Ahead of the Curve

Insights for the International
NGO of the Future

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FSG studied the 50 largest U.S.-based International NGOs and others to unlock insights for both INGO leaders and funders regarding greater effectiveness and impact in the future. This site provides an overview of our learnings. The full report is available for download.

International NGOs (INGOs) stand at a critical juncture. Conversations with INGO leaders reveal that many are unprepared for the disruptive shifts on the horizon. Close donor relationships and high opportunity costs associated with pursuing innovations have created an INGO version of the innovator’s dilemma. How can INGOs capitalize on their distinct assets to stay ahead of the curve and meet the global challenges of tomorrow?

Photo © Miguel Samper for Mercy Corps 

    Disruptions Facing the INGO Sector

  2. New, complex global challenges

  3. Rise of business as a development actor

  4. Empowerment of individuals

  5. Increasingly fragmented funding landscape

  6. Competition from new players

Getting ahead of these major shifts is challenging. Some INGOs are breaking the innovator’s dilemma by confronting these disruptions directly. These organizations are affirming their mission with future-oriented approaches and operational strengthening.

Photo by Ezra Millstein/Habitat for Humanity Int.

    Four Approaches for Greater Impact

  2. Enhancing direct implementation

  3. Influencing systems change

  4. Harnessing the private sector

  5. Leading multi-sector action

We see a strong correlation between a focus on operational elements and the ability to anticipate disruption and embrace new approaches to impact.

Photo © Chris White courtesy of PSI 

    Enabling the INGO of the Future

  2. Strategic focus

  3. Evaluation and learning

  4. Funding Structure

  5. Organizational Structure

  6. Talent Acquisition and retention

A Call to Action

Donors and INGOs share responsibility to address the innovator’s dilemma facing INGOs today, a central tension evident from the conversations conducted for this study. A key recommendation is for INGOs and donors to work together to address this tension. What are the next steps?

  • Documenting evidence of impact from new approaches pursued by INGOs (of which this report is the first step) and translating these ideas to inform future RFPs.
  • Exploring an “innovation fund” to incent INGOs to experiment with more rigorous multisectoral collaborations or business partnerships.
  • Using existing forums, such as InterAction or the NGO Leaders Forum, to engage in conversations between INGOs and their donors to identify solutions based on their common objectives.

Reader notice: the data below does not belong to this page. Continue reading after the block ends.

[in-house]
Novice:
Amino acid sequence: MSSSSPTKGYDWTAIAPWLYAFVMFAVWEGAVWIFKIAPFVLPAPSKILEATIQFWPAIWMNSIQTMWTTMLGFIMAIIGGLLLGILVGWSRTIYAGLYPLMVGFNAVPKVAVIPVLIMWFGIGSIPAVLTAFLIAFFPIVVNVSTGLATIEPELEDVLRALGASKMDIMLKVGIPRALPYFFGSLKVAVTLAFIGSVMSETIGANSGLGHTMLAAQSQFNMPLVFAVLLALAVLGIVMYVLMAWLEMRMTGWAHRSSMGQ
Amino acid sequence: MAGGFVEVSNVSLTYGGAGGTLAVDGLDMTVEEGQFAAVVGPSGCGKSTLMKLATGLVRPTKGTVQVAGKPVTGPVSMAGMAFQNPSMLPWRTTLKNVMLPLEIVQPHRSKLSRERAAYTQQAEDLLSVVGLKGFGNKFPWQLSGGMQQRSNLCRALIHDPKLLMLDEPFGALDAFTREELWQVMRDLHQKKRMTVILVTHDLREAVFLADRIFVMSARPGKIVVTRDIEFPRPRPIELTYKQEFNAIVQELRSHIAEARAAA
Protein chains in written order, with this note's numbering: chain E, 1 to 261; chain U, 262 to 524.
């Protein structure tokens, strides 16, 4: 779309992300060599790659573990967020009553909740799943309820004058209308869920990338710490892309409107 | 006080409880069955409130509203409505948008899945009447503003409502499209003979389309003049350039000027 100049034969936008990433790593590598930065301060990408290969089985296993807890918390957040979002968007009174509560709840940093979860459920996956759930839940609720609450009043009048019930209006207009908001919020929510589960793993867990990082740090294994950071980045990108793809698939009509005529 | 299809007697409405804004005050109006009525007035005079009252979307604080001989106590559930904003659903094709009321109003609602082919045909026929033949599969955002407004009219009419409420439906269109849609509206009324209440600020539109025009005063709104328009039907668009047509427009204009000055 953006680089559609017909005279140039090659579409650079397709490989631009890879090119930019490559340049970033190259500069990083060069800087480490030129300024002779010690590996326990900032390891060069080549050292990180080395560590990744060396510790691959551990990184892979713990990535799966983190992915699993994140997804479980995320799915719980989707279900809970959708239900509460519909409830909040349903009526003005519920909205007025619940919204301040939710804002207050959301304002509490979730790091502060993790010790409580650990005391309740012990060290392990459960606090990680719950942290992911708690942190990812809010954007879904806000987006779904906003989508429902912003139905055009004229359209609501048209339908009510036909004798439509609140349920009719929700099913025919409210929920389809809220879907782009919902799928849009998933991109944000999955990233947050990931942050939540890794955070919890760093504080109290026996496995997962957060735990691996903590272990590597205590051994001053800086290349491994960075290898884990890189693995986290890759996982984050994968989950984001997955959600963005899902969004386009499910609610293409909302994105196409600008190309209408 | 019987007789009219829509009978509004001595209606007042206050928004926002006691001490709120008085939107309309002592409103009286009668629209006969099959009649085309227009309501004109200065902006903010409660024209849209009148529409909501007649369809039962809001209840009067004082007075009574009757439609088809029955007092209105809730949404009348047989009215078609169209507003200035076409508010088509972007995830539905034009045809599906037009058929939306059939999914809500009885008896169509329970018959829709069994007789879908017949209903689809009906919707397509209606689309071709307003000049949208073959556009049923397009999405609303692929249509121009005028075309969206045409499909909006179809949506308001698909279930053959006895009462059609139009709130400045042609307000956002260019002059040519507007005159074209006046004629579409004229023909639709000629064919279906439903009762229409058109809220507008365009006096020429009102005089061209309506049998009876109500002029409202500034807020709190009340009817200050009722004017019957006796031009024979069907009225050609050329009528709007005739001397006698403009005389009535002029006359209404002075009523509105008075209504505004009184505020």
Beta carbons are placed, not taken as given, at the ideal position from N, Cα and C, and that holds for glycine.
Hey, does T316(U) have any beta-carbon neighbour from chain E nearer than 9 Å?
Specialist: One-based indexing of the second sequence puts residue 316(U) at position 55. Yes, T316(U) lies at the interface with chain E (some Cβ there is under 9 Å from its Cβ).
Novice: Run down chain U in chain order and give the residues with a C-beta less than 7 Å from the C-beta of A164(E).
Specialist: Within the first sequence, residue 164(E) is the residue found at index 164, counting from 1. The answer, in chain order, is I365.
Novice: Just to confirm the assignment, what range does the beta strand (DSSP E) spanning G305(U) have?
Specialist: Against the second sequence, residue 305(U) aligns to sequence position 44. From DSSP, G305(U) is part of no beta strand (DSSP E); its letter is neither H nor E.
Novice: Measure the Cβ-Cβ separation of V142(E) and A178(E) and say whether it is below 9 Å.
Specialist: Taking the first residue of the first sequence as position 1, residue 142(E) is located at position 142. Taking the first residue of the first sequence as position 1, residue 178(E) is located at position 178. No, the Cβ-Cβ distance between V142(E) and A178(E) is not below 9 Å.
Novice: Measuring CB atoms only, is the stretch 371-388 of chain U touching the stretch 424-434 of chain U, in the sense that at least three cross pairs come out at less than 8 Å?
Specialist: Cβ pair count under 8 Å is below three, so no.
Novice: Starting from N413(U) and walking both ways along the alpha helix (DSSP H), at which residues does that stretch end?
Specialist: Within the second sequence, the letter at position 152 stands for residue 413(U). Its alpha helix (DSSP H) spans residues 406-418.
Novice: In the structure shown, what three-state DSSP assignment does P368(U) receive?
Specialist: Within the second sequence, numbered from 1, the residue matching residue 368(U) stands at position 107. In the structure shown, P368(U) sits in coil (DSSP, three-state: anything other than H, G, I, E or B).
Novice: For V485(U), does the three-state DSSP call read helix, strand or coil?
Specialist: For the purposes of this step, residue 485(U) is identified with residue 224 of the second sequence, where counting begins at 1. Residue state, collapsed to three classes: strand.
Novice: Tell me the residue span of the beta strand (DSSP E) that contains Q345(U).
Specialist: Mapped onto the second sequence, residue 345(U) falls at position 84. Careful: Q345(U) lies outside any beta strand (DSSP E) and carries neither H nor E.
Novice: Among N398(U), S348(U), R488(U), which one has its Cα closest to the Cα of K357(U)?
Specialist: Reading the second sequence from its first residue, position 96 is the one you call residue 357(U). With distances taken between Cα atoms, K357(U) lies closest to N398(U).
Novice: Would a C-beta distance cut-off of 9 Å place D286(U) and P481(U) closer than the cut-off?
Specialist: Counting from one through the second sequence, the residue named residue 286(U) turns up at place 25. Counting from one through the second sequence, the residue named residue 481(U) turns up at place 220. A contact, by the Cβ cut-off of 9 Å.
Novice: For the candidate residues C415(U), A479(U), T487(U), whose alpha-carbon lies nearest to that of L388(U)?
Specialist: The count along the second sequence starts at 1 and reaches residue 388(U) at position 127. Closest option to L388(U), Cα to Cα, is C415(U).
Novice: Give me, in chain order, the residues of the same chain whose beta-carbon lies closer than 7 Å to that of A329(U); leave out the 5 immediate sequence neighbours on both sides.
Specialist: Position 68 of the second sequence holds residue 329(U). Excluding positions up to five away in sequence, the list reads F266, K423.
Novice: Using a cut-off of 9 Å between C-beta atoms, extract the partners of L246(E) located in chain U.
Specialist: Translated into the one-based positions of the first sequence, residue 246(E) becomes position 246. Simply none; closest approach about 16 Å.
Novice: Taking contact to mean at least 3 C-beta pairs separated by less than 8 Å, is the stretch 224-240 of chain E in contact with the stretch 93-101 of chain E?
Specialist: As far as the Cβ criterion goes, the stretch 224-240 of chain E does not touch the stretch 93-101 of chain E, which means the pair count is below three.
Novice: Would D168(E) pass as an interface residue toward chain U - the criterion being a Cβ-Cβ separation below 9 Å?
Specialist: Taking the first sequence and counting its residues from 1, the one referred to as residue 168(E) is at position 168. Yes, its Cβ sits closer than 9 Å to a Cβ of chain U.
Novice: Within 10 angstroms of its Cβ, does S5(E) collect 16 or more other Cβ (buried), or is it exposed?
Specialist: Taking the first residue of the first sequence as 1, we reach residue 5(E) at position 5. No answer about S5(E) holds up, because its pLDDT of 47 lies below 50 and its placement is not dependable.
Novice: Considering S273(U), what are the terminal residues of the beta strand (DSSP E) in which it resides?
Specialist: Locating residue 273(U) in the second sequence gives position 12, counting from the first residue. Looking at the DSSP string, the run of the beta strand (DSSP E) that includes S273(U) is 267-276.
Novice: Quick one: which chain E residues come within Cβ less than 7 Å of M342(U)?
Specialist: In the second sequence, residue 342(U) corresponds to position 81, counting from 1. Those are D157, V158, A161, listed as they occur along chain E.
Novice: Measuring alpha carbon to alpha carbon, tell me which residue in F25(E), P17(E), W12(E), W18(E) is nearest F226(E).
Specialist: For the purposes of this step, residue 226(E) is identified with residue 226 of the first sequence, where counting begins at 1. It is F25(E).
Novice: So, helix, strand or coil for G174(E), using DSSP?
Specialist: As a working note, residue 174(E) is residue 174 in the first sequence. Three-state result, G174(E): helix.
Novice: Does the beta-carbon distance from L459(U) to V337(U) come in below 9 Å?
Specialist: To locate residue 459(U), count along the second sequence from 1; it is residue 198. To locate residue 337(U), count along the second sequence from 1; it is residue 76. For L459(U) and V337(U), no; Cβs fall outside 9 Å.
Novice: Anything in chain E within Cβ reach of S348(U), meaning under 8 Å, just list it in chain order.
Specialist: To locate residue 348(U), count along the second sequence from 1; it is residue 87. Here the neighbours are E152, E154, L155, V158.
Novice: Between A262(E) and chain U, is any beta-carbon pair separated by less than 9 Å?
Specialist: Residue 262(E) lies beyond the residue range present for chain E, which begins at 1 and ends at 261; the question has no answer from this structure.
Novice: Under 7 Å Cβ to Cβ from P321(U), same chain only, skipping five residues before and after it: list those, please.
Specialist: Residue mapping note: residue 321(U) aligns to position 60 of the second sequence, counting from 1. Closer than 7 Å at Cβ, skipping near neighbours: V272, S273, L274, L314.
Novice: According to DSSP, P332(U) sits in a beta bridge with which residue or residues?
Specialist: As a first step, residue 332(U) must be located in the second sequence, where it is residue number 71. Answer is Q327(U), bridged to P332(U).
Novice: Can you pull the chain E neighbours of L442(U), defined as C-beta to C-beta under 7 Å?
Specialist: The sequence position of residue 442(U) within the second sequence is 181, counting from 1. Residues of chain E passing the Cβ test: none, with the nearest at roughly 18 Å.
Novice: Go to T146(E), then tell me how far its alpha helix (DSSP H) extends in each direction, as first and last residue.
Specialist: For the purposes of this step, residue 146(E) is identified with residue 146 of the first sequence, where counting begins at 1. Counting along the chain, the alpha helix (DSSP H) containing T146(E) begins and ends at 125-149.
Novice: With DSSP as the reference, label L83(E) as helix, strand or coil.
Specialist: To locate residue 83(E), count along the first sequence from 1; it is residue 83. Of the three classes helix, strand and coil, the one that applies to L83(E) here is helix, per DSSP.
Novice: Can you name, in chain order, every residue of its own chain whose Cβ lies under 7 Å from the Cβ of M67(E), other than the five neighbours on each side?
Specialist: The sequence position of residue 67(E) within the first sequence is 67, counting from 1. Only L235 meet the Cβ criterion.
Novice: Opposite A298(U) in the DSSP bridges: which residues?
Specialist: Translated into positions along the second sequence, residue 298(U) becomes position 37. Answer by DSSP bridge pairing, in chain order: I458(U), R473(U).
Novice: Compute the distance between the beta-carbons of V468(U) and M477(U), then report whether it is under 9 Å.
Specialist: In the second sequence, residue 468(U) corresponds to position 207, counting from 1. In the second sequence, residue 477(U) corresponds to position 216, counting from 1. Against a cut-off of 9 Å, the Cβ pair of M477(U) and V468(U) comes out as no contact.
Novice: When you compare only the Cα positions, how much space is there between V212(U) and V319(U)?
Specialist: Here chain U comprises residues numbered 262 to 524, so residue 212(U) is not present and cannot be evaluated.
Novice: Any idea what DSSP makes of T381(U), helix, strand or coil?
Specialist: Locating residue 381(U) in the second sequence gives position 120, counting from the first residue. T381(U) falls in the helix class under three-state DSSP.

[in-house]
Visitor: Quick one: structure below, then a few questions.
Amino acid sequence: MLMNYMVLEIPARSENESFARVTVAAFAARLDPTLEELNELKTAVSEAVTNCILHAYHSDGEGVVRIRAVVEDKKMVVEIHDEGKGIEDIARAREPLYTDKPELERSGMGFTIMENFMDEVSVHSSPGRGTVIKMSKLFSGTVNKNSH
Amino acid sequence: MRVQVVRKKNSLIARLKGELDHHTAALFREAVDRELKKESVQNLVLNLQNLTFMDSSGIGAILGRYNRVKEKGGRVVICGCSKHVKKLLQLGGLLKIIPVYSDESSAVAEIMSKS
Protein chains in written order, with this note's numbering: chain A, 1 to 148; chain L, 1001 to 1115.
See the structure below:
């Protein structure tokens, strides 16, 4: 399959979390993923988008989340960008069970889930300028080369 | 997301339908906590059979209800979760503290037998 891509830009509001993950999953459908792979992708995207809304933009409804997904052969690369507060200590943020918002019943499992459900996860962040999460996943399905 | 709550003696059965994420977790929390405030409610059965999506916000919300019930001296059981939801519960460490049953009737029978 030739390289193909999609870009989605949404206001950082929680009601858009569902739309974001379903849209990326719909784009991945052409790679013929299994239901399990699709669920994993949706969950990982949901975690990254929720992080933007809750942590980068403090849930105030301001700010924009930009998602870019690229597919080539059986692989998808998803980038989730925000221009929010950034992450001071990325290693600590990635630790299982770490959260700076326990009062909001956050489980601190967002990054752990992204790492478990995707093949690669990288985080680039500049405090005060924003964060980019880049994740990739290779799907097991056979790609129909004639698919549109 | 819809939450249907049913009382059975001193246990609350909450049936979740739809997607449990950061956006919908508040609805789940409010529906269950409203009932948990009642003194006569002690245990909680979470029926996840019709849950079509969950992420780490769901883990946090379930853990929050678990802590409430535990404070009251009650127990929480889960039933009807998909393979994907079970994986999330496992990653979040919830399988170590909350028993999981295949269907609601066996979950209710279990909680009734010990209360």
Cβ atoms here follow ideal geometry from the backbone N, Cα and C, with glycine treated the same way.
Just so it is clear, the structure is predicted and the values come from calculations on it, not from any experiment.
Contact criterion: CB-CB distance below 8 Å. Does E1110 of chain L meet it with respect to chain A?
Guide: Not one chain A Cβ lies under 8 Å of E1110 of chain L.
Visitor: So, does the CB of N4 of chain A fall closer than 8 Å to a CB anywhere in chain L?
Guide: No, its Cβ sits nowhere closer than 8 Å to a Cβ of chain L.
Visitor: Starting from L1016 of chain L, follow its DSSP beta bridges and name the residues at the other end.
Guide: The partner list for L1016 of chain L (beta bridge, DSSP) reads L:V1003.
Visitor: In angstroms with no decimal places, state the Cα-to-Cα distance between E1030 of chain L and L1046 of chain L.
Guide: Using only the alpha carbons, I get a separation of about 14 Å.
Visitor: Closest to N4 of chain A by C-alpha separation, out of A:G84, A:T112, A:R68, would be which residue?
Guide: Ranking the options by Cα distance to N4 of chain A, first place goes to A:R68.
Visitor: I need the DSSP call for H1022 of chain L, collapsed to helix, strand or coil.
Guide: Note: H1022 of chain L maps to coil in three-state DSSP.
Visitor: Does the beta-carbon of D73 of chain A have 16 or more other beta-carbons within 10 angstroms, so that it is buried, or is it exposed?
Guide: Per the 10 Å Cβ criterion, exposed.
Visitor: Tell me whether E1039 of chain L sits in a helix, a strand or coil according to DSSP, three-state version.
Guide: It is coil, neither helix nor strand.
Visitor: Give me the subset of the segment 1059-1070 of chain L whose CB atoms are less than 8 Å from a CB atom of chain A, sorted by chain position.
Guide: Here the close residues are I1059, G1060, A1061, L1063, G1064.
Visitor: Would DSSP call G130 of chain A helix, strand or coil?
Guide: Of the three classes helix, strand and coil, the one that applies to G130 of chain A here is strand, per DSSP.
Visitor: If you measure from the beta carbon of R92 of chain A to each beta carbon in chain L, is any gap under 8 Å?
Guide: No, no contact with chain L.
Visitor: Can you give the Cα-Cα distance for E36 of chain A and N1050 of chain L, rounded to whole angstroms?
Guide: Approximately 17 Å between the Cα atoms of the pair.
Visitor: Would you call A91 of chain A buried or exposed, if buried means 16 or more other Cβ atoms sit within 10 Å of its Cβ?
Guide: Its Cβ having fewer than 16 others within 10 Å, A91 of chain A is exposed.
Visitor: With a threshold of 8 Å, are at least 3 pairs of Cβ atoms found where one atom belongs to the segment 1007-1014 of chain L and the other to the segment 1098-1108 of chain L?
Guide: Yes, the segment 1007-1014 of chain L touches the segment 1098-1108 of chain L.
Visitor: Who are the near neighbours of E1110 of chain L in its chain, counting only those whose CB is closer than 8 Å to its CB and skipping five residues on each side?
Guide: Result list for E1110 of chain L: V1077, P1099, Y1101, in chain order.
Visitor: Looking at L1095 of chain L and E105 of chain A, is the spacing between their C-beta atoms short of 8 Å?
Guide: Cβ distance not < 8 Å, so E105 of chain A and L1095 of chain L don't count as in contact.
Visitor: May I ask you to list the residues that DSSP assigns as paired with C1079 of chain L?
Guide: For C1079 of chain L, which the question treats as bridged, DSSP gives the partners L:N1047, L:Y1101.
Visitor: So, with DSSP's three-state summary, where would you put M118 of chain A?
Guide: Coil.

Photo © Cassandra Nelson/Mercy Corps 
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The following recommendations can help start INGOs on the journey. INGOs will need to improve their operations, both to stay competitive in the near-term and to experiment with the newer approaches to impact.

To shift from narrow, project-specific interventions to a systems approach by influencing other players, INGOs can:

  • Develop capacity of country staff to synthesize data on community gaps, conduct ecosystems mapping, and identify needed interventions to design systemic solutions.

To transform corporate philanthropic relationships to those that are mutually beneficial and focused on more sustainable and scalable impact, INGOs can:

  • Identify where program priorities overlap with companies’ business goals. Develop a set of criteria consistent with the INGO’s mission to guide the selection of shared value partners.

To increase the impact of existing and future collaborations, INGOs can:

  • Make the case to donors, such as USAID, that existing partnerships can be transformed into more rigorous collaborations, including the ideas of a formal backbone, a common agenda, and continuous collaboration.
  • Strike a balance between localization and capitalizing on INGOs’ unique value by supporting local organizations to take on direct implementation, while at the same time supporting INGOs to adopt new approaches to impact.
  • Support field resources to accelerate organizational strengthening.
  • Transform pro-forma partnerships into true collaborations by investing in disciplined and sustained approaches that embrace a common agenda, mutually reinforcing activities, and shared measurement systems to address complex global development challenges.
  • Lay the foundation for long-term INGO-business partnerships to leverage the scale and reach of the private sector.

Adoption of these new approaches will require focus on the operational elements that enable INGOs to move in this direction. The transformation will not happen without difficult changes to mindset, practices, and funding by both INGOs and their donors.

The INGO innovator’s dilemma poses a major challenge for these organizations exploring ways to expand and deepen their impact. But new approaches to established tools hold promise. The INGO of the future can achieve more sustainable and scaled impact by influencing systems change, engaging corporations as shared value partners, and leading coalitions between sectors. We hope this research plays a part in launching the platform for this transformation.

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